by Pa Rock
Cultural Explorer and Road Warrior
Okay, it's official. Pa Rock has wheels! At about 4:30 this afternoon I picked up my 1998 Nissan Cube, gold in color, with just 49,000 actual kilometers on the old kilometer-meter! It's quite a car: not too pretty, but the gold color helps it to stand out among all of the silvers and shades of gray that seem to be so popular here.
In Japan, as Okinawa is, all of the driving is on the left side of the road, and all of the steering wheels and other devices used by drivers are on right side of the car (from the driver's perspective). Everything is bass-ackwards! I made it onto the base from the car lot, which fortunately is located mere feet (excuse me, kilometers) from Gate 2, but I had to open the door to show the guard my temporary road tax sticker because I couldn't figure out how to lower the automatic windows. (God, I hate automatic windows - especially Japanese ones!)
Once on-base I putted around looking for the only gas station, which I eventually found after several wrong turns. Wrong turns were educational because the turn signal is next to the door - on the right side of the steering wheel. So my first several turns were signalled by the windshield wipers going off! Finally, however, I did make it to the gas station where I was able to locate the release for the gas cap cover in under ten minutes.
My next stop was my office which was closed, but several co-workers were still there - a bad sign of things to come! My boss saw the new heap on the parking lot and remarked that she liked the gold color. So I guess it does stand out. While at the office I removed a bottle of rice alcohol (supposedly something akin to vodka) that my housing agent had given me as a gift for signing with her company. The alcohol is now in my car and by tomorrow evening will be safely in my new home. I'm not a vodka drinker, so it will be here when my company from the states starts arriving next summer.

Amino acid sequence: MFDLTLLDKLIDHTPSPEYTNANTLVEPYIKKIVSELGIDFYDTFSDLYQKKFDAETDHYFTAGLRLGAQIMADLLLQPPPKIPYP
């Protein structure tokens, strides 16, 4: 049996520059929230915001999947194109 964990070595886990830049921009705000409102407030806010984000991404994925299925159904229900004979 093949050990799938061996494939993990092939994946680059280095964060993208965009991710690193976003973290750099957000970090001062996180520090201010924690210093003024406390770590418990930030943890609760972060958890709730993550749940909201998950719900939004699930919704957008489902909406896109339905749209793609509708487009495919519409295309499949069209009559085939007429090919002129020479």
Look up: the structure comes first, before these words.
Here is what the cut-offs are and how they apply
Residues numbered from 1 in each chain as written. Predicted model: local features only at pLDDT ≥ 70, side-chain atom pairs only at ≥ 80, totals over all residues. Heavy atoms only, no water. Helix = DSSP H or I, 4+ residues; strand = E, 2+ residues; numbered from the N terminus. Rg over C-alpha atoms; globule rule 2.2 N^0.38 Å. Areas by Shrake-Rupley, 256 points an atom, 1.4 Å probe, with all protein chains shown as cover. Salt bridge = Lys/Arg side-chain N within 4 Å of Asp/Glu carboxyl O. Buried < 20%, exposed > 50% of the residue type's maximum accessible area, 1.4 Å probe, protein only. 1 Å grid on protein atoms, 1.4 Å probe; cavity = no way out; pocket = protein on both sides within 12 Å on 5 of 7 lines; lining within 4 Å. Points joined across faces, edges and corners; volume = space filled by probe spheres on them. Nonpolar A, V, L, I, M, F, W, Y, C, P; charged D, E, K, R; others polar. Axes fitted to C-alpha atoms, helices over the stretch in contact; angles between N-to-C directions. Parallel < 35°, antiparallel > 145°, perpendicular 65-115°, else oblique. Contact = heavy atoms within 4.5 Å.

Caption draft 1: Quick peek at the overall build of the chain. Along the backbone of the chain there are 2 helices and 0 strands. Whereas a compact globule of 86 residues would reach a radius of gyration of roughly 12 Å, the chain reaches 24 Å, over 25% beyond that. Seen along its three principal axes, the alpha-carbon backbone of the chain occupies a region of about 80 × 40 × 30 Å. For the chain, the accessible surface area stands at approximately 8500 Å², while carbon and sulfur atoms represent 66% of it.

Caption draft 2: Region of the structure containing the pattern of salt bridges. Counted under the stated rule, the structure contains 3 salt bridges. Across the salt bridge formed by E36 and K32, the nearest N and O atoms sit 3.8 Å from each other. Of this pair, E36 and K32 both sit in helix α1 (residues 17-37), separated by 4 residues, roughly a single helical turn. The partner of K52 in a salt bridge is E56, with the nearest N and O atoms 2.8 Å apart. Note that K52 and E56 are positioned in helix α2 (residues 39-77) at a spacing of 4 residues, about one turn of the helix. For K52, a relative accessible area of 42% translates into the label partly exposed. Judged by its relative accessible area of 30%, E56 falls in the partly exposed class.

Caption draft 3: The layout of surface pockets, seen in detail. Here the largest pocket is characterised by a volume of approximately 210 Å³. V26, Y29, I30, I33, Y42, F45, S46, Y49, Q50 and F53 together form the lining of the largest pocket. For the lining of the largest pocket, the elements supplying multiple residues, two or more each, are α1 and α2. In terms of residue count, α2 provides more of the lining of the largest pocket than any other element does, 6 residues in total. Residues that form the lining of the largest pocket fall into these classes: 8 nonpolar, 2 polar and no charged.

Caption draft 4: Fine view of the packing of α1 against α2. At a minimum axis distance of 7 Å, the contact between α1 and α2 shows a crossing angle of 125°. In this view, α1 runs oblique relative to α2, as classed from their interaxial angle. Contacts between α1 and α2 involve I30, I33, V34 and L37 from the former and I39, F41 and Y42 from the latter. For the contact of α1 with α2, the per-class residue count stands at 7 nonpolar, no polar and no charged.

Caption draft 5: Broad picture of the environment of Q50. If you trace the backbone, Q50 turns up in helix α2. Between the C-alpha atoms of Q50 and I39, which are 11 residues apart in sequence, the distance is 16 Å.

Kadena is a really big base - on the order of Ft. Campbell - so it took me quite awhile and several more wrong turns - accompanied by windshield wipers - before I found my way back to the Shogun Inn.
Tomorrow I have to travel off-base to my new apartment south of Kadena. I have to be there in the early afternoon when the housing agent will arrive for the initial joint inspection. She will be accompanied by the gas man who will hook up the gas so that I have hot water and am able to cook. To get to the new digs, I will have to traverse a section of Highway 58, the busiest highway on Okinawa.
My boss gave me an axiom to follow in making certain that I was always driving on the correct side of the road. It is: "Keep your hiney on the liney." (That also works in America.) Every time I made a turn, I concentrated on making sure that my body was located next to the center line, and I kept repeating over and over, "Keep your hiney on the liney." I'm likely to be using mantra for a long time to come!
(One bit of huge news: I learned today that all of my household goods have arrived and will be delivered on Monday! I will be completely here!)